Short-term calorie and protein restriction provide partial protection from chemotoxicity but do not delay glioma progression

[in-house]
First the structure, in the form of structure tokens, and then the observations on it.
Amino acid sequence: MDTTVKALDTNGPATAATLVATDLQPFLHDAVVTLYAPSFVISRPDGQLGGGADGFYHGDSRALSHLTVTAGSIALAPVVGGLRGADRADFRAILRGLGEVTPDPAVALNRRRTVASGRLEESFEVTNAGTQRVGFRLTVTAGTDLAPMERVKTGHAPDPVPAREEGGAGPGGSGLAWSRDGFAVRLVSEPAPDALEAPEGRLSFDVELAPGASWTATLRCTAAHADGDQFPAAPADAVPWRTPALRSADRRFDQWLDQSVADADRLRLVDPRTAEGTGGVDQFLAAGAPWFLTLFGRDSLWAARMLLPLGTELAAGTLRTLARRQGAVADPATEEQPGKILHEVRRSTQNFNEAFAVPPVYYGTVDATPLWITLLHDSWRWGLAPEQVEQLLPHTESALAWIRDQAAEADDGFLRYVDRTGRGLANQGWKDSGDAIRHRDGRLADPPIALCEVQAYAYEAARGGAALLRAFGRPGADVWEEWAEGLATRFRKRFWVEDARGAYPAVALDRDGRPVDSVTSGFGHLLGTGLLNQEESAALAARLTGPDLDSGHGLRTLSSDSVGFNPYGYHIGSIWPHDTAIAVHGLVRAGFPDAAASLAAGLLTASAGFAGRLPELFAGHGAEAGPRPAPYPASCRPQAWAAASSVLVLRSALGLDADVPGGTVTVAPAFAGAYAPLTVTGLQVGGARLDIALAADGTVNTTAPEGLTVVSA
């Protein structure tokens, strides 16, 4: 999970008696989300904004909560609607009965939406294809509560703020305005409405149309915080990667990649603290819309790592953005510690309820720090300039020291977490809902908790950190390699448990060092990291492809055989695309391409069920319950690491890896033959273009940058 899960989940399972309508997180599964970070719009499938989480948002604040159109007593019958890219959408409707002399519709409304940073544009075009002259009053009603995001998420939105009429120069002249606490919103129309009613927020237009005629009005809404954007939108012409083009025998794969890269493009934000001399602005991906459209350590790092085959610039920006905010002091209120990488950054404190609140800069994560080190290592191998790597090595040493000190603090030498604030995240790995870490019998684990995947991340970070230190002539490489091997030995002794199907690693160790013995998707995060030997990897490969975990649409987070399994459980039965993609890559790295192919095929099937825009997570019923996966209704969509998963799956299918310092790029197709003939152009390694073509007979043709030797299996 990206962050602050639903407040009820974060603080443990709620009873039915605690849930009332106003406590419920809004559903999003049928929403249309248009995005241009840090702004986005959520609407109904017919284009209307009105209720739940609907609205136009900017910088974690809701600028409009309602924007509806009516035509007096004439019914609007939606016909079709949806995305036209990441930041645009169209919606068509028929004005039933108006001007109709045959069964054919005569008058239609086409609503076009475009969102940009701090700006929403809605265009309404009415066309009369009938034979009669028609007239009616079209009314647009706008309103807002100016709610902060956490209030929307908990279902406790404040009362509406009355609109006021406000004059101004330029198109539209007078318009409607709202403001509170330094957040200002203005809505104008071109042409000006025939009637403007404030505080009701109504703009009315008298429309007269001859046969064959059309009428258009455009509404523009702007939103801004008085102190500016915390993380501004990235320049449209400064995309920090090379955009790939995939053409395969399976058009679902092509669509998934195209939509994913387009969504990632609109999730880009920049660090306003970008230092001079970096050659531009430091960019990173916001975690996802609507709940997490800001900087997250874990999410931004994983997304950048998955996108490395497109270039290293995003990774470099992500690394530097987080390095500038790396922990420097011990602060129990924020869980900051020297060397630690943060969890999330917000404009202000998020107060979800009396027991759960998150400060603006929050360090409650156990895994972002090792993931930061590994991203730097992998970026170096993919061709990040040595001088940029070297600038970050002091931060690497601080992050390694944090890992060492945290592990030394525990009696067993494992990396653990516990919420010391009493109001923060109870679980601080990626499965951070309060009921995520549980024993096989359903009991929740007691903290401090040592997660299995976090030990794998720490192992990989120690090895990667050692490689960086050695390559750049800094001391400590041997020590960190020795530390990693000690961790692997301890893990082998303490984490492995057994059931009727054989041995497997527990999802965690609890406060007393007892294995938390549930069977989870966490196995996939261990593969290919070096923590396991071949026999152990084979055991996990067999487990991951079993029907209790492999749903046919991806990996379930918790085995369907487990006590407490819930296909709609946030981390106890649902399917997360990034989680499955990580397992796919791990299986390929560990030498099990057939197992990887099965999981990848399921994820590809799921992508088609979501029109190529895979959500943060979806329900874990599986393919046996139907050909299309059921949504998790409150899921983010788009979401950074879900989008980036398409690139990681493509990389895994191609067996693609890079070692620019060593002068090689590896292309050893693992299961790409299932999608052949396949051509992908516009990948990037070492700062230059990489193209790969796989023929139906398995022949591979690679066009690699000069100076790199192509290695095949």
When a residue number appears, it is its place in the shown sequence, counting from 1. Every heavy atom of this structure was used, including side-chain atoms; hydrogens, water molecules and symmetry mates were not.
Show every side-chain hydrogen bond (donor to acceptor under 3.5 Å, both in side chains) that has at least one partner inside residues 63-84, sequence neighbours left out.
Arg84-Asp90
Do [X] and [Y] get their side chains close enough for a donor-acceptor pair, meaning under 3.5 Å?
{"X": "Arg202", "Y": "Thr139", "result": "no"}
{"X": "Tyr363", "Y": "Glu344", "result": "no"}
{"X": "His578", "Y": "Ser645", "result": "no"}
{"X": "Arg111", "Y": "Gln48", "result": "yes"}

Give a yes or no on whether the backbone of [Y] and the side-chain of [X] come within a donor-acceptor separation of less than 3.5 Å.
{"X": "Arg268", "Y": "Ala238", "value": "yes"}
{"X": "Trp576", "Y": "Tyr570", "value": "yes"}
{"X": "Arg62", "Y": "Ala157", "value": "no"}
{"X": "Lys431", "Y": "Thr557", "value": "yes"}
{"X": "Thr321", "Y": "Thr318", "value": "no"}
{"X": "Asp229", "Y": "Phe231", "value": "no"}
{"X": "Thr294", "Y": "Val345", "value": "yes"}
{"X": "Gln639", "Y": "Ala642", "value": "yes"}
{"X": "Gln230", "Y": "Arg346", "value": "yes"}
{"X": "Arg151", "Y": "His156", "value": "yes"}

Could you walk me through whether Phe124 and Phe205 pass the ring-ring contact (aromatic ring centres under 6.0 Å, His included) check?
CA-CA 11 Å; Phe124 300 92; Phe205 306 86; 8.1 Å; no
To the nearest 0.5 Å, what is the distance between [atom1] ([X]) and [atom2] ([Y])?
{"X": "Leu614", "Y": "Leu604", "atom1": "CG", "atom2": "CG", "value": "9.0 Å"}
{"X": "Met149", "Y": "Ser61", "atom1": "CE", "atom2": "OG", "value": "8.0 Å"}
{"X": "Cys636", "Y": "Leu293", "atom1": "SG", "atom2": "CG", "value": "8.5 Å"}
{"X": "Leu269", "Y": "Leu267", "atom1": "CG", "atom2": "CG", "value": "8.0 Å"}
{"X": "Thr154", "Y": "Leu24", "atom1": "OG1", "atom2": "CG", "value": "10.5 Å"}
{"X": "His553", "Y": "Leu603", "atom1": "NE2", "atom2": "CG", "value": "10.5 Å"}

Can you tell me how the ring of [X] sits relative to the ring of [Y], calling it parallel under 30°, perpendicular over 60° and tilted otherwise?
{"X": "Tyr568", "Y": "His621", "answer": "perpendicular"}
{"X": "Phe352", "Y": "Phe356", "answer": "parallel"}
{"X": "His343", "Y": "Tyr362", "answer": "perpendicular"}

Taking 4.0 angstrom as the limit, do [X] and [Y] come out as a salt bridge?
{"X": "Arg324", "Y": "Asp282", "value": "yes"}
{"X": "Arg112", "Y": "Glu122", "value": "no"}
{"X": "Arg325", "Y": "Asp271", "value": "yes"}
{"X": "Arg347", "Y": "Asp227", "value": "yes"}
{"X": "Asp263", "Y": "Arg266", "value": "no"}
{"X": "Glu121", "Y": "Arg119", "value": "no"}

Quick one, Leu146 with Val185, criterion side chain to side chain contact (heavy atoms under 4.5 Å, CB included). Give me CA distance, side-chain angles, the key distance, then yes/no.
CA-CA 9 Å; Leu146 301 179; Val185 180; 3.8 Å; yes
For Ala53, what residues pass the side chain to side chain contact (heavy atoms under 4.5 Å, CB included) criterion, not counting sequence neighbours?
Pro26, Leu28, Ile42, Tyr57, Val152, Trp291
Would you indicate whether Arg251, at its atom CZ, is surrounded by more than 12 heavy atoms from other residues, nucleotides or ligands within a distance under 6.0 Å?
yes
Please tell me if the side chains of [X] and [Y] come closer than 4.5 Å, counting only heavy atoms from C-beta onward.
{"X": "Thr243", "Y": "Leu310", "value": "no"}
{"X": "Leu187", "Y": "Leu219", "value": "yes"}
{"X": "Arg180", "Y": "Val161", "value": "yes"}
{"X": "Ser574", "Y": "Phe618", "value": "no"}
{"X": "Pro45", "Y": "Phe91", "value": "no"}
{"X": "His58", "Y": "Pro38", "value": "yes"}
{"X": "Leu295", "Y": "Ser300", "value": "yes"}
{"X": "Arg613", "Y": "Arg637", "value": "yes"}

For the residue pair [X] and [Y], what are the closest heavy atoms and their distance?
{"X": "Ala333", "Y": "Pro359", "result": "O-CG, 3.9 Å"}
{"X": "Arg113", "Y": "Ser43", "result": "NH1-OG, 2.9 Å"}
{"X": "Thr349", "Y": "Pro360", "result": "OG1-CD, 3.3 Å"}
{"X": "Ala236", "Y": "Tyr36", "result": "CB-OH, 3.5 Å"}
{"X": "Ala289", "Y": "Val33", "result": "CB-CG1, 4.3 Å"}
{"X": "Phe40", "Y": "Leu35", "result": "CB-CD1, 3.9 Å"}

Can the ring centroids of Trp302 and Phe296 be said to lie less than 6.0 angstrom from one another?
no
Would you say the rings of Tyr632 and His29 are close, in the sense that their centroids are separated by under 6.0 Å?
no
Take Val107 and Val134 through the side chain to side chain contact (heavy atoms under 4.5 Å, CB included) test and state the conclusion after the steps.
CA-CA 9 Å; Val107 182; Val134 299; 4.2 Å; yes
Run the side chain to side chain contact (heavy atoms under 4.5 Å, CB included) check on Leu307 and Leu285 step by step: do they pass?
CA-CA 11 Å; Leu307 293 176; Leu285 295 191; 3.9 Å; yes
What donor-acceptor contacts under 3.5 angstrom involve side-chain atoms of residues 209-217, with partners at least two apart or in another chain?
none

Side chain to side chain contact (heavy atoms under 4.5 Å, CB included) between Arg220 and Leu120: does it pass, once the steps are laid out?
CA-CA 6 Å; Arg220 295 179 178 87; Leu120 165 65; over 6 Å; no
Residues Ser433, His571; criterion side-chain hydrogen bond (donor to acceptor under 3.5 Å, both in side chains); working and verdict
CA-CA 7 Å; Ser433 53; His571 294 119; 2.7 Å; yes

Short-term starvation (STS) protects normal cells while simultaneously sensitising malignant cells to high-dose chemotherapeutic drugs in mice and possibly patients. The fasting-dependent protection of normal cells and sensitisation of malignant cells depends, in part, on reduced levels of insulin-like growth factor-1 (IGF-1) and glucose. Calorie restricted diets with defined macronutrient (carbohydrate, protein, fat) ratios were evaluated for the effects on stress sensitisation markers and protection in mice treated with high-dose chemotherapy. We show that short-term CR significantly reduced both glucose and IGF-1 levels, but when specific macronutrient deficiencies were tested, only the complete lack of proteins reduced IGF-1 levels. Short-term 50% CR combined with either severe protein-deficiency or ketogenic diets improved chemotoxicity resistance similarly to the standard 50% CR, but did not result in the high protection caused by STS. Notably, a high protein diet reversed the beneficial effects of short-term CR. In a subcutaneous mouse model of glioma, feeding a low protein (4% calories from protein) diet for more than 20 days did not delay tumour progression once the tumour became palpable. Also, cycles of short-term (3 days) 50% CR did not augment the chemotherapy efficacy of cisplatin in a murine breast cancer model. These results indicate that the protection from chemotoxicity and retardation of the progression of certain tumours achieved with fasting is not obtained with short-term calorie and/or macronutrient restriction.

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